Today, Cheltenham Civic Society has received a National Lottery grant of £9800 for a First World War memorials project in Cheltenham. Awarded through the Heritage Lottery Fund’s First World War then and now programme, the project will focus on conserving 23 wooden battlefield crosses currently located in Bouncers Lane Cemetery.
A fascinating glimpse into life in Cheltenham during the First World War. The gallery below shows a small selection of the material relating to WW1 held at Cheltenham Local & Family History Library (Chester Walk, Cheltenham GL50 3JT). You can also view several wartime programmes and leaflets from their collection by visiting our new WW1 Library page, which we will be adding to over the coming months.
Several peace celebration took place in Cheltenham over the summer of 1919. Commencing with a Peace Fete held in Pittville Park during July and culminating in a tribute to the ‘fighting men of Cheltenham’ in August, where more than 4,000 returned servicemen marched between Montpellier Park and Pittville Gardens. Later this year on November 10th, we hope to follow in their footsteps and hold a community march through Cheltenham to commemorate the 1,290 servicemen and women who are listed on Cheltenham’s War Memorial.
Click here to view the slideshow exhibited at this year’s Prestbury Village WW1 Fete. Learn more about how the village was affected by the war both on the ‘front lines’ and the home front. (Unfortunately we don’t have permission to add the soundtrack and animations to the internet, but there will be another opportunity to view the film at the Gloucestershire & Racing Remembers event in November 2018). Research and presentation by Rebecca Sillence.
University of Gloucestershire students presented their work at this year’s Cotswold Centre for History & Heritage exhibition. The exhibition focuses on a range of local history topics including four panels about Cheltenham during the First World War.
Next time you are passing North Place car park look out for the finished street art mural featuring Gustav Holst. The ‘exhibition’ is arranged by the Holst Birthplace Museum as part of their WW1 programme.
The installation includes letterpress posters created by Pittville School and the general public in response to The Balkan News (a WW1 era publication that Holst is likely to have read whilst in Salonika). The display also features a special portrait commission of Holst by Andy ‘Dice’ Davies, Street Artist and Director of the Cheltenham Paint Festival.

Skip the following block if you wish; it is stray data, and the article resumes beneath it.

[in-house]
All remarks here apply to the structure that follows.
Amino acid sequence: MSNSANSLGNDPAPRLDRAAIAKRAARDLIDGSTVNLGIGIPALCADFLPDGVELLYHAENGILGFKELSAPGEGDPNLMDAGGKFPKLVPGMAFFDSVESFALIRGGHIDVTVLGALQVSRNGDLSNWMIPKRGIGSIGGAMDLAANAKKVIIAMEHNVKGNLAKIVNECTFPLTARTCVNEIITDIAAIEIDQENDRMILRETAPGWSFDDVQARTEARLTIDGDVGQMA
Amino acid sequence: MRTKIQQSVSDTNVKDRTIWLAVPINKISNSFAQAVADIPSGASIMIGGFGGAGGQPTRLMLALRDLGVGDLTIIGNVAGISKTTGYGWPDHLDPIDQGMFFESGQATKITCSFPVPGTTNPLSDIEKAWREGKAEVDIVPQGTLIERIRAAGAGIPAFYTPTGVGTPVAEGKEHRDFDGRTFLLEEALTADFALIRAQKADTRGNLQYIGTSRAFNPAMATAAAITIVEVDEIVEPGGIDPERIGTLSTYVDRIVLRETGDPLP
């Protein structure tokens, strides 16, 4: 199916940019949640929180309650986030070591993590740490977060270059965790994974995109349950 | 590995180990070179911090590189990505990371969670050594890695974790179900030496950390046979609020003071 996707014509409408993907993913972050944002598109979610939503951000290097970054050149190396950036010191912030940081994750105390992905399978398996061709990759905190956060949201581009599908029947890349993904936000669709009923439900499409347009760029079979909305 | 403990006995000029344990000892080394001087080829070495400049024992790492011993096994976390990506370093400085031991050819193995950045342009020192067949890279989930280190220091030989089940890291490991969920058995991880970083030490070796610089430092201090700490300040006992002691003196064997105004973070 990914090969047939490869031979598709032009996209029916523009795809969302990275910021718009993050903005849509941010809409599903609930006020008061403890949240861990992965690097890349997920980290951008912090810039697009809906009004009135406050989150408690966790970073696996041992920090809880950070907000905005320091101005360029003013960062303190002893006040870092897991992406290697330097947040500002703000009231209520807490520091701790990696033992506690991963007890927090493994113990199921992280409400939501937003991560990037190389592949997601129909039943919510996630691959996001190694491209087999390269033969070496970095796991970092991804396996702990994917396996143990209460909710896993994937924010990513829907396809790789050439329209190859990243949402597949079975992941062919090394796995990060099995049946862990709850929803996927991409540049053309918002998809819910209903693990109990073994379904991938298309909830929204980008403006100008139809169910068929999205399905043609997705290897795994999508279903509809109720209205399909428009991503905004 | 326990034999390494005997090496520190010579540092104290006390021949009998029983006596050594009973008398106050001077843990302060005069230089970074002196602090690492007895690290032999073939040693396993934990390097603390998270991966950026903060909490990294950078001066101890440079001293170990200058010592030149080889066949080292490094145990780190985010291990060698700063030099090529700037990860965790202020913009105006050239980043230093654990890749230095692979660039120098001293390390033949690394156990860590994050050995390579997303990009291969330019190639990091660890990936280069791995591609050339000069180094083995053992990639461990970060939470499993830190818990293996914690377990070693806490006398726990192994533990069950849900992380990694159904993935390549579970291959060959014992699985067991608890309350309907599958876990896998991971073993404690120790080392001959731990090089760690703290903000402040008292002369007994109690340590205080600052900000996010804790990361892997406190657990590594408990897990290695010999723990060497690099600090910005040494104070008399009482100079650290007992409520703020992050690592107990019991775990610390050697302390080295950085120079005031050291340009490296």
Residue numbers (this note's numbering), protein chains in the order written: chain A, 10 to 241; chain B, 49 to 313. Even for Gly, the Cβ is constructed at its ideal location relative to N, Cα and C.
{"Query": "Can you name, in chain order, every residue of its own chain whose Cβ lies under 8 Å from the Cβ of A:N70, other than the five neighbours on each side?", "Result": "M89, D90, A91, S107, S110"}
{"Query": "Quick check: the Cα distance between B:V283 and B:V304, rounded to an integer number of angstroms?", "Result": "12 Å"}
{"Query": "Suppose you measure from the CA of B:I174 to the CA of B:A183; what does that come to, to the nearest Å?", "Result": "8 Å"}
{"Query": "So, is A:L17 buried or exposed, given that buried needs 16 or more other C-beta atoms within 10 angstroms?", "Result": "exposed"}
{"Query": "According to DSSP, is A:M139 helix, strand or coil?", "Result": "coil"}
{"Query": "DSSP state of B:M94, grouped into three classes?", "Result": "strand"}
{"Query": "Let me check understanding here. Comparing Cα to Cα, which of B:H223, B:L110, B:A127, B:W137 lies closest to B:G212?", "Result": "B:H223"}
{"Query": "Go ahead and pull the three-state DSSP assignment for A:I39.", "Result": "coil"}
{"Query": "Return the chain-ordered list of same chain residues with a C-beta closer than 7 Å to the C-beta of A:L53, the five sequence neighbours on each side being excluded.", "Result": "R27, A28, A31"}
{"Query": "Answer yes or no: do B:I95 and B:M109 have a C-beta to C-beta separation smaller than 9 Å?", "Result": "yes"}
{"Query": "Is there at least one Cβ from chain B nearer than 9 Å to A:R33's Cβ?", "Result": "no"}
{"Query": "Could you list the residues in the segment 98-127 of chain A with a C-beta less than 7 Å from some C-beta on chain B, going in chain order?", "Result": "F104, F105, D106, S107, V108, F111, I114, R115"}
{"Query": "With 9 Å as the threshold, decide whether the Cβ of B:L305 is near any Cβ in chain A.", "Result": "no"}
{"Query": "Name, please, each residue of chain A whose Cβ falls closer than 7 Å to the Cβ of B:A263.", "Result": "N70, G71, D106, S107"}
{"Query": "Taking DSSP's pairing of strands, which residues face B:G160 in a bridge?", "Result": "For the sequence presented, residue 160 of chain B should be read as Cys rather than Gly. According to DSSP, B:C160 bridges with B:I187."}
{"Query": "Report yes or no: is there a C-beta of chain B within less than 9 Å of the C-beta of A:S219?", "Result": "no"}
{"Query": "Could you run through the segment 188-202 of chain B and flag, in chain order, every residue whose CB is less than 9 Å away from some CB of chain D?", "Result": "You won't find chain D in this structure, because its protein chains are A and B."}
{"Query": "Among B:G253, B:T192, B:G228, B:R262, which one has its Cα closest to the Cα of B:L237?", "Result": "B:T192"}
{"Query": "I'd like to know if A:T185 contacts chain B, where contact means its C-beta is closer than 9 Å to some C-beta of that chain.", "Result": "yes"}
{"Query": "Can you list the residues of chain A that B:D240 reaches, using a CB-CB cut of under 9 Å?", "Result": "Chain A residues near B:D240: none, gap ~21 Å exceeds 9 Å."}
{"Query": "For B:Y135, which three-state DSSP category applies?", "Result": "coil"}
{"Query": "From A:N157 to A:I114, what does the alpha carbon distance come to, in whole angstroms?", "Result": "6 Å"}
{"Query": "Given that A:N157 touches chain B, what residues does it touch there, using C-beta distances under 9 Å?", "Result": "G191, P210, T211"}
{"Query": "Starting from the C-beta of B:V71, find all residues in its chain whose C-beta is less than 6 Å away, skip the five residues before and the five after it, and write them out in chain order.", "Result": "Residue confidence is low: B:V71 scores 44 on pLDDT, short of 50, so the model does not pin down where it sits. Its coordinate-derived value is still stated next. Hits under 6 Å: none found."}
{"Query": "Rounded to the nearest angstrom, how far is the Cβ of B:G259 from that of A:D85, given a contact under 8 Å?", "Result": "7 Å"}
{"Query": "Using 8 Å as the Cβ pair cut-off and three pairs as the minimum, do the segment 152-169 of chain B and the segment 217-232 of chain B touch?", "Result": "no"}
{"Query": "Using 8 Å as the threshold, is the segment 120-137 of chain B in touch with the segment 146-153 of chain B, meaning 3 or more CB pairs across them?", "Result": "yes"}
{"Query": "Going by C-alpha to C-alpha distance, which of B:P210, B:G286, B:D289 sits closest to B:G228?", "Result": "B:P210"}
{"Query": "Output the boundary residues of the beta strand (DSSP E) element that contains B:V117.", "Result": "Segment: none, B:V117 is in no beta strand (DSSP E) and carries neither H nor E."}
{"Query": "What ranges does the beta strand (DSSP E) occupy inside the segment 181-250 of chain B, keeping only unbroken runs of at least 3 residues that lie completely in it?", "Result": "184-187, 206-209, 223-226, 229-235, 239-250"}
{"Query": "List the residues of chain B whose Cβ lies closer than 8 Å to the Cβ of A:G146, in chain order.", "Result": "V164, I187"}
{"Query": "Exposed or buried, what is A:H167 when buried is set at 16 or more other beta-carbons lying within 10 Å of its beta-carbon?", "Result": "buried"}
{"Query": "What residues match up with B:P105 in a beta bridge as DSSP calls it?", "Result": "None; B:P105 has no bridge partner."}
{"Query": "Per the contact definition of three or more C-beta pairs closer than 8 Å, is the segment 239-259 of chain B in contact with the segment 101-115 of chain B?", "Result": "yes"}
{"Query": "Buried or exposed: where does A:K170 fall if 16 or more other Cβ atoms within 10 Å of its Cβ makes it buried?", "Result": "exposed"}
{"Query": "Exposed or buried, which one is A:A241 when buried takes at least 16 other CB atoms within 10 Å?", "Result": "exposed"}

To read more about it visit http://holstmuseum.org.uk/exhibition-the-balkan-news-and-holst-street-art-style/
Stunning animation to be projected onto the Municipal building 11 November, 5pm
On Sunday November 11, as part of Cheltenham Remembers Remembrance Sunday commemoration events, a 10 to 15 minute high-impact film of WW1 imagery will be projected onto the Municipal Offices throughout the late afternoon and into the evening and will be accessible to everyone.
This week local residents and school pupils took part in letterpress workshops at the Univeristy of Gloucestershire, led by Andy Kinnear. Letterpress posters based on headlines found in ‘The Balkan News’ were created as part of the Holst Birthplace Museum’s WW1 programme. The posters will be on display in North Place car park from Wednesday 18th July.
A new WW1 exhibition at the Holst Birthplace Museum was opened by the Mayor of Cheltenham on Friday. The exhibition focuses on the time composer Gustav Holst spent travelling around Salonika and Constantinople with the Y.M.C.A. teaching music to soldiers in Greece and Turkey.
You can see original letters and diary entries written by Holst, experience a recreated Y.M.C.A. hut and see the piano at which he composed The Planet Suite during 1914-16. There are also slideshows and video footage which will bring to life the stories as you explore. Visit holstmuseum.org.uk for more information about their programme of centenary events.
Read this fascinating article about the contribution of local Cheltonian women during the First World War. Reproduced with kind permission of by Neela Mann (author of Cheltenham in the Great War) and the History Press.
How the well-organised women of Cheltenham contributed to the war effort